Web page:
When aircraft began flying at altitudes of 35,000 ft and over, the unexpected jet streams were discovered, and the importance of these high levels to surface weather was made clear. Westbound bombers in World War II had unexpectedly encountered headwinds not much less than their airspeed, so they flew without getting anywhere. Sounding rockets finally illuminated the properties of the upper atmosphere by direct measurement. Radar then made remote sensing of weather possible. Military radar frequencies were chosen so that rain and similar phenomena would not affect the systems, but now frequencies are chosen that specifically report on such things, and weather radar is an important adjunct. Weather satellites send back images of the earth in visible, infrared, and other wavelength ranges, making clouds visible. Satellite data cannot supply the pressure, temperature and humidity figures that are the raw material for meteorology (at least not as readily as radiosondes), but can give useful data that is truly synoptic.
The hydrodynamic equations of motion, of continuity and of state that govern the atmosphere have been known for a very long time, and nothing important has been added to them for a century. However, solutions have been very, very difficult to obtain and for many years only approximate results were available. These results were very useful for theoretical purposes, but could not be used to predict the weather just from the equations. Computers have allowed an attack on such problems, but unfortunately computations yield many figures but little insight. Nevertheless, short-term predictions have been made much more accurate through computer analysis. The dream of long-term prediction by dynamic methods is still unrealized, perhaps because of the exponentially-growing effects of small variations, the problem of chaos. Computers can work much more rapidly and cheaply than the old forecasters with their charts and contours, but unfortunately cannot think.
The United States Weather Bureau began as a branch of the U.S. Army Signal Corps in 1870, on the founding of the Corps, showing the importance of the telegraph to weather. Also, the Signal Corps was the only part of the Army with the slightest technical knowledge, so it seemed a good home for the weather. In 1891 the weather service was made part of the Department of Agriculture, where it became famous as the USWB. In 1940 it was made part of the Department of Commerce, probably to be closer to aviation functions, for which weather was now essential. In 1965, the USWB was put into the Environmental Services Administration, still in the Department of Commerce. In the reorganization of 1970, weather became the responsibility of NOAA, and the USWB was renamed the National Weather Service (NWS). The NWS issues 5-day forecasts that are taken off the wire and repeated by TV presenters, as well as 30-day outlooks. The 5-day forecasts are actually fairly reliable, though longer-term forecasts seem to be wrong as often as right. Most TV stations give 7-day forecasts now, probably because they are provided by the NWS.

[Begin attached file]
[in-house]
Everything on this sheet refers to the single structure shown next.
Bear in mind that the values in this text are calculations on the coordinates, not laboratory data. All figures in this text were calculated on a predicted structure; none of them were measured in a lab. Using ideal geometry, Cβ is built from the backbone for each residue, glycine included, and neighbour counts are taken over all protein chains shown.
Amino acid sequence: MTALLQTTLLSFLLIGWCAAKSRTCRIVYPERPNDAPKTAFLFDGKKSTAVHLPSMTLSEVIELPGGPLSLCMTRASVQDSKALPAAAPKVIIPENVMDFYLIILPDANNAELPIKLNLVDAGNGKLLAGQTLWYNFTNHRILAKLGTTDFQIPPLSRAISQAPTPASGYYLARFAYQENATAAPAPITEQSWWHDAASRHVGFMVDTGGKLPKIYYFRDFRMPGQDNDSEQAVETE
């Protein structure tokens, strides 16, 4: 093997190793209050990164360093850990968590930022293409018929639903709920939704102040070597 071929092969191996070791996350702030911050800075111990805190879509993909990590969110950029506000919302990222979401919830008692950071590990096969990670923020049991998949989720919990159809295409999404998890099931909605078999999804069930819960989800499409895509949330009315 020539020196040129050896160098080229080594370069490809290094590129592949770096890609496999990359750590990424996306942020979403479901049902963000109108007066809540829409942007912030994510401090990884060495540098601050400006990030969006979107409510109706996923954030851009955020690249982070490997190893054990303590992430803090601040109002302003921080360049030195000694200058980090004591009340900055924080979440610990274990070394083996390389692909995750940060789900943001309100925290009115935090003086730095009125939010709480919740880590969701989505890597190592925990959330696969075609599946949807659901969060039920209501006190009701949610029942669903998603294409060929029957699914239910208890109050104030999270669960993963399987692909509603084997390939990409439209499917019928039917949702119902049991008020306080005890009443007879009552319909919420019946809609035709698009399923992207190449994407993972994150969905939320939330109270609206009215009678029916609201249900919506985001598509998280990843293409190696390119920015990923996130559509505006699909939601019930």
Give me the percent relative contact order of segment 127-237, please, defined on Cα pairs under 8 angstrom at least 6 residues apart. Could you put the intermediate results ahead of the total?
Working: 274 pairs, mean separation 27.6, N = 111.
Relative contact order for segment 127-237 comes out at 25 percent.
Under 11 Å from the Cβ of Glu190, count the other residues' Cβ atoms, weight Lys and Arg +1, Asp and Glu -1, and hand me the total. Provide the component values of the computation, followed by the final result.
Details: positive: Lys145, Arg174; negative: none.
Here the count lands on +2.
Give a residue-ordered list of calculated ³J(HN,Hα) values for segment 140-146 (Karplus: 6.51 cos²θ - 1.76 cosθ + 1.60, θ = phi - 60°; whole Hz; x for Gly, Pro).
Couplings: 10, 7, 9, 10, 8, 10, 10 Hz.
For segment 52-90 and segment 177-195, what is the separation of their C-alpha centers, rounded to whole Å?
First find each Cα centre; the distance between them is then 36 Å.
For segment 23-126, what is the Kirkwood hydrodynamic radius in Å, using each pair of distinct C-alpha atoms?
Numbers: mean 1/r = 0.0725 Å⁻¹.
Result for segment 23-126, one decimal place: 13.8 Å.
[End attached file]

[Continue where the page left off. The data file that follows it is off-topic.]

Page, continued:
The properties of air and water vapor, aerostatics, the dry and wet adiabatic lapse rates, the lifting condensation level, the pseudoadiabatic and tephigram charts, the meaning of the wet bulb temperature, and the local and nonlocal stability of air columns are treated in Theoretical Meteorology.
Atmospheric dynamics and winds are discussed in Wind. The hydrodynamic equations governing atmospheric motions are reviewed, and then the geostrophic, gradient, thermal, isoallobaric and local winds are explained. There is a discussion of large-scale and seasonal winds, such as the monsoon, and finally the Beaufort wind scale is presented.
Cloudwatching discusses the nature and physics of clouds, and the forms and classification of clouds and what they mean. Unusual clouds, and a report on a day's clouds in Denver, are also included.
Atmospheric Radiation brings energy from the sun, and through the greenhouse effect keeps the surface of the earth at a temperature suitable for life. The energy budget of the earth is also described.
Atmospheric Turbulence is responsible for the lapse rate in the troposphere, and transports matter, momentum and energy invisibly and reliably.
Weather maps and what they show are presented in Weather Maps, with many examples taken from actual weather maps. All the symbols used on weather maps that I have seen are shown and defined, including the symbols for clouds.
The impressive convective storm or cumulonimbus is described in Thunder and Lightning. The life history of a thunderstorm is told, and the nature of lightning and thunder are explained.
A discussion of the current controversy over global warming and carbon dioxide appears in Global Warming, which has a Time article of 2001 as a basis.
Composed by J. B. Calvert
Created 11 July 2003
Last revised 7 August 2003